As of version 56 (currently in Beta), Firefox supports running headlessly on Windows, macOS, and Linux. Brendan Dahl has previously described how to use SlimerJS to drive headless Firefox. You can also drive it via the W3C WebDriver API, and this blog post explains how to do that in Node.js with the selenium-webdriver package.
(For a similar introduction using Python on Windows, see Andre Perunicic’s Using Selenium with Headless Firefox.)
Over in Headless SlimerJS with Firefox, fellowzillian Brendan Dahl writes about the work he’s been doing to support running Firefox headlessly. A headless mode for Firefox makes it easier to test websites with the browser, especially in continuous integration, to ensure Firefox remains compatible with the Web. It also enables a variety of other interesting use cases.
Brendan started with Linux, the most popular platform for CI services like Travis, and focused first on SlimerJS, a popular tool for testing websites with Firefox (and scripting the browser more generally) that uses Firefox to run a different XUL application (rather than running Firefox itself). Now he’s working on support for full headless Firefox as well as Windows and Mac.
Check out his blog post for more details and to tell him how you’d use the feature!
Originally published at Mykzilla.
I recently blogged about discontinuing Positron. I’m trying a different tack with a new experiment, codenamed qbrt, that reuses an existing Gecko runtime (and its existing APIs) while simplifying the process of developing and packaging a desktop app using web technologies.
qbrt is a command-line interface written in Node.js and available via NPM:
npm install -g qbrt
Installing it also installs a Gecko runtime (currently a nightly build of Firefox, but in the future it could be a stable build of Firefox or a custom Gecko runtime). Its simplest use is then to invoke the ‘run’ command with a URL:
After some consideration, I’ve decided to discontinue development of Positron.
Positron was an experimental runtime for creating desktop apps using web technologies. It was based on Firefox, and its principal feature was that it was Electron-compatible. I started working on it — in conjunction with several colleagues — to enable Tofino to run on Gecko.
But Tofino is dead (long live the Browser Futures Group!), and Electron compatibility isn’t essential for a viable Gecko runtime. It’s also hard, since Electron has a large API surface area, is a moving target, requires Node.js …
Last month I blogged about Why Embedding Matters, and then I described a variety of Embedding Use Cases. Here are some projects that would address those cases. If you could choose, which would you do first?
An Embedding Framework for Headless Browsing would enable internal Gecko testing frameworks, scriptable browsers like SlimerJS, and other tools that automate web page interactions to do so without having to display them in a visible window (or jump through hoops to avoid doing so).
Recently the Node.js Foundation announced that Mozilla is joining forces with IBM, Intel, Microsoft, and NodeSource on the Node.js API. So what’s Mozilla doing with Node? Actually, a few things…
You may already know about SpiderNode, a Node.js implementation on SpiderMonkey, which Ehsan Akhgari announced in April. Ehsan, Trevor Saunders, Brendan Dahl, and other contributors have since made a bunch of progress on it, and it now builds successfully on Mac and Linux and runs some Node.js programs.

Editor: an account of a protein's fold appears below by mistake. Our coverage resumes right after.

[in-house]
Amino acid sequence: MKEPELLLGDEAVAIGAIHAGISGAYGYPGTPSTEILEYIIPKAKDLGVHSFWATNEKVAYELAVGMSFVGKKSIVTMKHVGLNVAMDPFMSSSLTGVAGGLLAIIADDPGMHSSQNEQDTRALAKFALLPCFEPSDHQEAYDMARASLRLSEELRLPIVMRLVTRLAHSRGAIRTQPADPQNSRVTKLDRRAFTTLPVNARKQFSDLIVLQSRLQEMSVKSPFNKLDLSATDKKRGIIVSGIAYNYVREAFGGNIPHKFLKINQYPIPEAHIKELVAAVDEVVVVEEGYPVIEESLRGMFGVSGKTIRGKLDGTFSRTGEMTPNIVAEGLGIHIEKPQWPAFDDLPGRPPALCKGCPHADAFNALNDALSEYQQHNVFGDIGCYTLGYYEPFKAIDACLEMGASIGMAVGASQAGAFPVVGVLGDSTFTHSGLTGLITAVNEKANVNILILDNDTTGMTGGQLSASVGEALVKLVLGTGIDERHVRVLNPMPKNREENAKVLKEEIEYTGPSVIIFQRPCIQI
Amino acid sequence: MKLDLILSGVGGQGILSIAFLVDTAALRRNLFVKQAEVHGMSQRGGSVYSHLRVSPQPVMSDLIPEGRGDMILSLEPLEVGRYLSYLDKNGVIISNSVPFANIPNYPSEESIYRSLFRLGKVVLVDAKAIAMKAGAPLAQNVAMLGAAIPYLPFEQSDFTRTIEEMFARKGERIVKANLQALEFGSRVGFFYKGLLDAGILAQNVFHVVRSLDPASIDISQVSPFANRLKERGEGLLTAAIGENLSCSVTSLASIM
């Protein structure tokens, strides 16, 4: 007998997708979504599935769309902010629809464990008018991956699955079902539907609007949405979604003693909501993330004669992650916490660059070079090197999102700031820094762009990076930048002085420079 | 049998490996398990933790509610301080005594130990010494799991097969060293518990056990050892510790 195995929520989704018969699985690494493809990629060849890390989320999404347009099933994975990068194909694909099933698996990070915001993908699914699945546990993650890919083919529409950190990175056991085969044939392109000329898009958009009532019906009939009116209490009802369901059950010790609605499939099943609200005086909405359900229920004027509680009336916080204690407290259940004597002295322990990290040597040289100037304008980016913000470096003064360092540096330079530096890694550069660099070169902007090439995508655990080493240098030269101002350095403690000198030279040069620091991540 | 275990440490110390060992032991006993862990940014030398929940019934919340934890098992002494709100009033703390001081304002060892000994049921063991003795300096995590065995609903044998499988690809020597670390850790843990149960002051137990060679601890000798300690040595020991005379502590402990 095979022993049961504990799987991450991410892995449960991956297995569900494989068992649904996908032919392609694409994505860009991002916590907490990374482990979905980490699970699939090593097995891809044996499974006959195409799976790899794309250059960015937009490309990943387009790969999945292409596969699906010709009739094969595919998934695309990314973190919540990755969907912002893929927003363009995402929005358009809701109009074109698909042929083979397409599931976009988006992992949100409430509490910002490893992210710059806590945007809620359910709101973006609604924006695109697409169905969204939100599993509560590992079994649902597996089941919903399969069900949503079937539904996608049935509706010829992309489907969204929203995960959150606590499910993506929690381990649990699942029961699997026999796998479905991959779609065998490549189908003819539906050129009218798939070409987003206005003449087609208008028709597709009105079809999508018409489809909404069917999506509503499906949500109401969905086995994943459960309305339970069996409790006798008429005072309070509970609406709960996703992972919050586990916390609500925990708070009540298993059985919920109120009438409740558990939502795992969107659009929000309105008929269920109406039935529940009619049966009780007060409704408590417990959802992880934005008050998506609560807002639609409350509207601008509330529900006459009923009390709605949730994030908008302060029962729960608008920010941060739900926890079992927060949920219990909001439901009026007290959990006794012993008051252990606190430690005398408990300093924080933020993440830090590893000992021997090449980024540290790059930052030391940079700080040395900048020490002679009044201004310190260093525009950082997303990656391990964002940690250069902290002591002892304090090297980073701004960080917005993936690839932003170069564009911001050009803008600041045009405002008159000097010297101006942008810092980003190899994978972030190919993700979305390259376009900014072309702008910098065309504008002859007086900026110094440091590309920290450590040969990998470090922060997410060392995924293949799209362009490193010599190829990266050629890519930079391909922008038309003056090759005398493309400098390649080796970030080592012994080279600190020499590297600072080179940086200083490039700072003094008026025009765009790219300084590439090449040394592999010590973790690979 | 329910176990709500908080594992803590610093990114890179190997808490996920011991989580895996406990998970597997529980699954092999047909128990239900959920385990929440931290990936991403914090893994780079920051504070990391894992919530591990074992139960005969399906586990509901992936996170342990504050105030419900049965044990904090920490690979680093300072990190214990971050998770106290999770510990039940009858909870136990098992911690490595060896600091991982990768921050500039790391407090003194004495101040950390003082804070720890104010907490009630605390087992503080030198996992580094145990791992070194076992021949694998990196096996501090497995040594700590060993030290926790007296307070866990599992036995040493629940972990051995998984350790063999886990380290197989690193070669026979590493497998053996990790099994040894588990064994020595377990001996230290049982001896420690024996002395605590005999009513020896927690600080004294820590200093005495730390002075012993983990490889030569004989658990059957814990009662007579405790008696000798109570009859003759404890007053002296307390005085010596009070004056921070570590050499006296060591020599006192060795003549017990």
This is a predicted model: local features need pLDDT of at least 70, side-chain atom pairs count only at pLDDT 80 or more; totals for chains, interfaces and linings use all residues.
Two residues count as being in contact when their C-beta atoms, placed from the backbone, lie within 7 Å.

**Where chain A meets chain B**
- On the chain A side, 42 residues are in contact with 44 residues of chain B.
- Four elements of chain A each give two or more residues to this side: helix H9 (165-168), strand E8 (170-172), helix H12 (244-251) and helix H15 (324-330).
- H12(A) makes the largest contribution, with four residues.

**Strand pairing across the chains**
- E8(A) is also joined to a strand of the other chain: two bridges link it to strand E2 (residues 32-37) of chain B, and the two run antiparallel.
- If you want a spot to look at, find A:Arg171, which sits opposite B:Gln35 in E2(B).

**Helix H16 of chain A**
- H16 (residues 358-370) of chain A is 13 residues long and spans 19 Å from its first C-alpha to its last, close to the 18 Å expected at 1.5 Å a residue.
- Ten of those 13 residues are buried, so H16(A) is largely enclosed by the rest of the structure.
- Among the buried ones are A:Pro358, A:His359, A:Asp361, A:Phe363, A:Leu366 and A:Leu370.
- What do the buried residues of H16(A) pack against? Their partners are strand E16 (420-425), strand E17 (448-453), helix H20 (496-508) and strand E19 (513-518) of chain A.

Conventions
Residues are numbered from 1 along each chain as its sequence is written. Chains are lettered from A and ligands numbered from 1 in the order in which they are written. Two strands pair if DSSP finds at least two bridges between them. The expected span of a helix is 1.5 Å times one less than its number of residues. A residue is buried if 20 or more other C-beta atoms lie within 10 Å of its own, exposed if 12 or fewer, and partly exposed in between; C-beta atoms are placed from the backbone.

Brendan additionally did the heavy lifting to build SpiderNode as a static library, link it with Positron, and integrate it with Positron’s…
A couple weeks ago, I blogged about Why Embedding Matters. A rendering engine can be put to a wide variety of uses. Here are a few of them. Which would you prioritize?
A headless browser is an app that renders a web page (and executes its script) without displaying the page to a user. Headless browsers themselves have multiple uses, including automated testing of websites, web crawling/scraping, and rendering engine comparisons.
Lately, I’ve been thinking about what a new embedding strategy for Mozilla might look like. Mozilla has a great deal of history with embedding, and Gecko has long been (and still is) used in a variety of products besides Firefox. But lately the organization hasn’t prioritized embedding, and the options for it have dwindled.
Nevertheless, embedding still matters for Mozilla’s primary rendering engine, including the recently-announced Quantum, because it provides the “web compatibility defense” of expanded and diverse market share.
The more the engine is used in the world, and the more familiar web developers are with it, the more…
The hello-world-server test app demonstrates an Electron BrowserWindow connecting to a Node HTTP server started by the main script. It’s similar to the hello-world test app (a.k.a. the Electron Quick Start app), with this added code to create the HTTP server:
// Load the http module to create an HTTP server.
var http = require('http');
// Configure our HTTP server to respond with Hello…
I’ve been experimenting with syndicating my blog posts to Medium. While I appreciate the syndicated, webby nature of the blogosphere, Medium has an appealing sense of place. It reminds me of the old Open Salon. And I’m curious how my posts will play there.
If you’re curious too, this post should link to its Medium equivalent — at least if you’re reading it on my blog, rather than Planet or another syndicator. Otherwise, you can find my posts and follow me on my Medium profile.
Originally published at Mykzilla.